@ACuriousMind Mathematically speaking, and in the case of the Riemann integral, one only writes the integral notation if the sum has a finite limit as the mesh size approaches zero, correct? Hence shouldn't there be a mathematical expression that comes before one writes $\int_{-\infty}^{\infty} A(k) e^{i(kx-\omega t)}dk$?

shouldn't we put a force greater than gravity's to actually move the object?
so shouldn't the work be greater than that?

@ACuriousMind If I assert "this integral equals x" without stating what type of integral I'm using, it's by definition a vague assertion :P
yeah you can get away with it but it can still use some more precision

@schn Sure, it's a limit of Riemann sums, cf. Wikipedia
The integral is defined to be that limit, so that we don't have to write it out every time.

6:57 PM
@ACuriousMind Correct, so there should be a Riemann sum associated with it, right?

@schn that riemann sum would be the fourier series iirc

@SirCumference But a physical theory does not make assertions about the values of random integrals! It makes assertions about the behaviour of the natural world - the path integrals are tools to arrive at the assertions, but not part of the assertions themselves.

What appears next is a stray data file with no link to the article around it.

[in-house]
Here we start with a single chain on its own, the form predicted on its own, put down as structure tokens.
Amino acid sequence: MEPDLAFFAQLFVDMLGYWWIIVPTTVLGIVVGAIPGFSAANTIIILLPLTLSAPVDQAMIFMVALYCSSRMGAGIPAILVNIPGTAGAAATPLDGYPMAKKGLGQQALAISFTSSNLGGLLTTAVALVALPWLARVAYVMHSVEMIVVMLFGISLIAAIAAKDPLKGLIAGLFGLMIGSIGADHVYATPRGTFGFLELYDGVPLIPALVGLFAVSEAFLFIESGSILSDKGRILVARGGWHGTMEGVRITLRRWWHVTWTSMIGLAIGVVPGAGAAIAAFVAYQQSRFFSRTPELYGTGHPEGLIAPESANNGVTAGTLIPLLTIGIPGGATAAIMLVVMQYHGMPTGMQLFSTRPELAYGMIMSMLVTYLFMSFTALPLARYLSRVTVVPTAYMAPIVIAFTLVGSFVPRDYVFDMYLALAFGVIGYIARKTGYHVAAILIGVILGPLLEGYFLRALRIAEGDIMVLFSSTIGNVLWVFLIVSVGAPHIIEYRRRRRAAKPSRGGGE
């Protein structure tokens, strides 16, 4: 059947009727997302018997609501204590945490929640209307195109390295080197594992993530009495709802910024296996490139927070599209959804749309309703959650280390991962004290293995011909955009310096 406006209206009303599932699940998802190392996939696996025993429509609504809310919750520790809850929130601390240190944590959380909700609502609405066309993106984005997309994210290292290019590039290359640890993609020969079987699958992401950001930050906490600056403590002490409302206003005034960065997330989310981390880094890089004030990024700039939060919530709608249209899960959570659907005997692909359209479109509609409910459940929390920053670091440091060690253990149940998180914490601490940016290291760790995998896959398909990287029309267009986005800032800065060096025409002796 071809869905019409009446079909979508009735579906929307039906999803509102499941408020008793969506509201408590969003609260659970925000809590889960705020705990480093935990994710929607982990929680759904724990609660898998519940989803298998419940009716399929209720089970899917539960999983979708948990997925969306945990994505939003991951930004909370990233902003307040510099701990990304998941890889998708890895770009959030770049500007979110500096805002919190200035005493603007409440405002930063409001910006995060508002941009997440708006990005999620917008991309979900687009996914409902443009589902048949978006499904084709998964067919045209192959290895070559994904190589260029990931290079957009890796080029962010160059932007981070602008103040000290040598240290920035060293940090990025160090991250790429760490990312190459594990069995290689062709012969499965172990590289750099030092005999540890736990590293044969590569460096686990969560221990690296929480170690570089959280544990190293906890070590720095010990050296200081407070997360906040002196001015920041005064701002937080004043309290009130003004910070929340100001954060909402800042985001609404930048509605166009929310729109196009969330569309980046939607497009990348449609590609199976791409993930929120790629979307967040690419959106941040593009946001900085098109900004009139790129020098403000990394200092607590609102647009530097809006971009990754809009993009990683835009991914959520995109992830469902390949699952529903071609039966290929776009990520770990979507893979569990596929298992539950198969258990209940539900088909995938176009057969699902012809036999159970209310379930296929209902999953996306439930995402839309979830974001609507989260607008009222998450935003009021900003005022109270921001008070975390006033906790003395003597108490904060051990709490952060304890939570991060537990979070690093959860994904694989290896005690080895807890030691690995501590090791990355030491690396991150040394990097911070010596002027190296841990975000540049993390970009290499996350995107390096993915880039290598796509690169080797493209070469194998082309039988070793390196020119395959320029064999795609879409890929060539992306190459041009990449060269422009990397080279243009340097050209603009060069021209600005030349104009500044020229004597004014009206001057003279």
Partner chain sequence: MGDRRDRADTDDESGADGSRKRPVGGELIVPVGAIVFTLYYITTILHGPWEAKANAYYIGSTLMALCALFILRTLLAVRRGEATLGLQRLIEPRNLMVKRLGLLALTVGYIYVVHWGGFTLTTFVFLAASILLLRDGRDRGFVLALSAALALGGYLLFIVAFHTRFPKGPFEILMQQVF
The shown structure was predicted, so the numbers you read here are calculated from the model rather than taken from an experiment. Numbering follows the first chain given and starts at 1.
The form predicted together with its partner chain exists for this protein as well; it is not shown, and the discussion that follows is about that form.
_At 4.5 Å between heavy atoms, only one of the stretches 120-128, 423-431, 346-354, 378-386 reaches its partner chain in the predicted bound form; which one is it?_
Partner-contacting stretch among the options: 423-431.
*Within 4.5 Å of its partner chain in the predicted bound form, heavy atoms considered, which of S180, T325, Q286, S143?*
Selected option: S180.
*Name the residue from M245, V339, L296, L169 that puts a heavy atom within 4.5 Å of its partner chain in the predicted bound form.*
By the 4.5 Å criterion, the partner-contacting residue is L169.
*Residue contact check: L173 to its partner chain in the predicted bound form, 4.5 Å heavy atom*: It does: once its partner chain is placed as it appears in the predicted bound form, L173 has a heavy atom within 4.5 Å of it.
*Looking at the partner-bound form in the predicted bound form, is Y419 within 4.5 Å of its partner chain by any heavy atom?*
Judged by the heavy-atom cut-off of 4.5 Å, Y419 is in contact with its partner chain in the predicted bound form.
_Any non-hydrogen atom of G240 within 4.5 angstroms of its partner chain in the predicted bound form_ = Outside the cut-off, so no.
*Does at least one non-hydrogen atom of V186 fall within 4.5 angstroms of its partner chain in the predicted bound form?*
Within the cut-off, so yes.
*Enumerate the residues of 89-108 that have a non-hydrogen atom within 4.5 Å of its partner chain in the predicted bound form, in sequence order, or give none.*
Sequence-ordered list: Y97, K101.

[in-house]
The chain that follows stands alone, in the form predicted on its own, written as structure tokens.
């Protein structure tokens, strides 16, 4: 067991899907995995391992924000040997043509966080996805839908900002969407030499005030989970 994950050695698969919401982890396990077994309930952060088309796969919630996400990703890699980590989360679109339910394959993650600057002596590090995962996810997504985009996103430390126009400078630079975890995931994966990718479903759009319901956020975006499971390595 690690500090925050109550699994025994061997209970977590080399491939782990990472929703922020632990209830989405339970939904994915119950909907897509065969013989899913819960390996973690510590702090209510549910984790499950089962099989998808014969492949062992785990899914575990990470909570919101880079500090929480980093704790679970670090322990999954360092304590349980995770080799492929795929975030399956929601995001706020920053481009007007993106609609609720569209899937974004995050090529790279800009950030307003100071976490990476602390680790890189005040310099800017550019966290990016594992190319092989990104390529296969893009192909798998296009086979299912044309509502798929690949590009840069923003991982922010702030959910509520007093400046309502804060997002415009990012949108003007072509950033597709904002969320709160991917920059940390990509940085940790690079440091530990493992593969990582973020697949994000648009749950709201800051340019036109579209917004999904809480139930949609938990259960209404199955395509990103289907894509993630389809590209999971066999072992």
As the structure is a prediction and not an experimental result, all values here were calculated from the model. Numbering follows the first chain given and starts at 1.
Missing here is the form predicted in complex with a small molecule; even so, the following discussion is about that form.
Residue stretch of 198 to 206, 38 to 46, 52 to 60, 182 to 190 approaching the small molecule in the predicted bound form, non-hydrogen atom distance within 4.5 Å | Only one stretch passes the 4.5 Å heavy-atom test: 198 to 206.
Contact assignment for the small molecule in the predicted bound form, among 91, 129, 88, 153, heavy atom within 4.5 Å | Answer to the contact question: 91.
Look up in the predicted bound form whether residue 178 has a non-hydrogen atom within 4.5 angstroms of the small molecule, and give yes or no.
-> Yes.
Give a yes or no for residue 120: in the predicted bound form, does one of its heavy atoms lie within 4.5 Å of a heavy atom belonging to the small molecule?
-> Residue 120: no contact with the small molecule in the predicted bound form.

@schn I don't understand the question, I'm afraid.

@ACuriousMind Physical theories define many concepts mathematically. There's probably a good number of observables or functions or etc. that are defined in terms of integration

A rigorous physical theory is a beautiful thing, but the fact of the matter is that the rigor is almost always developed in hindsight, not while the theory is made.

Integration was more or less an example, but in a theory built with mathematics, precision is pretty important

7:01 PM
@SirCumference How would the Fourier series representing the Riemann sum associated with $\int_{-\infty}^{\infty} A(k) e^{i(kx-\omega t)}dk$ look like?

Newtonian mechanics wasn't rigorous when it was invented - the tools to do rigorous analysis didn't even exist yet! QM wasn't rigorous when it was invented, neither was GR (Einstein famously said that he didn't understand GR anymore after the mathematicians invaded it, after all!) and neither is QFT.

@schn here are my notes i wrote a couple of years ago on the topic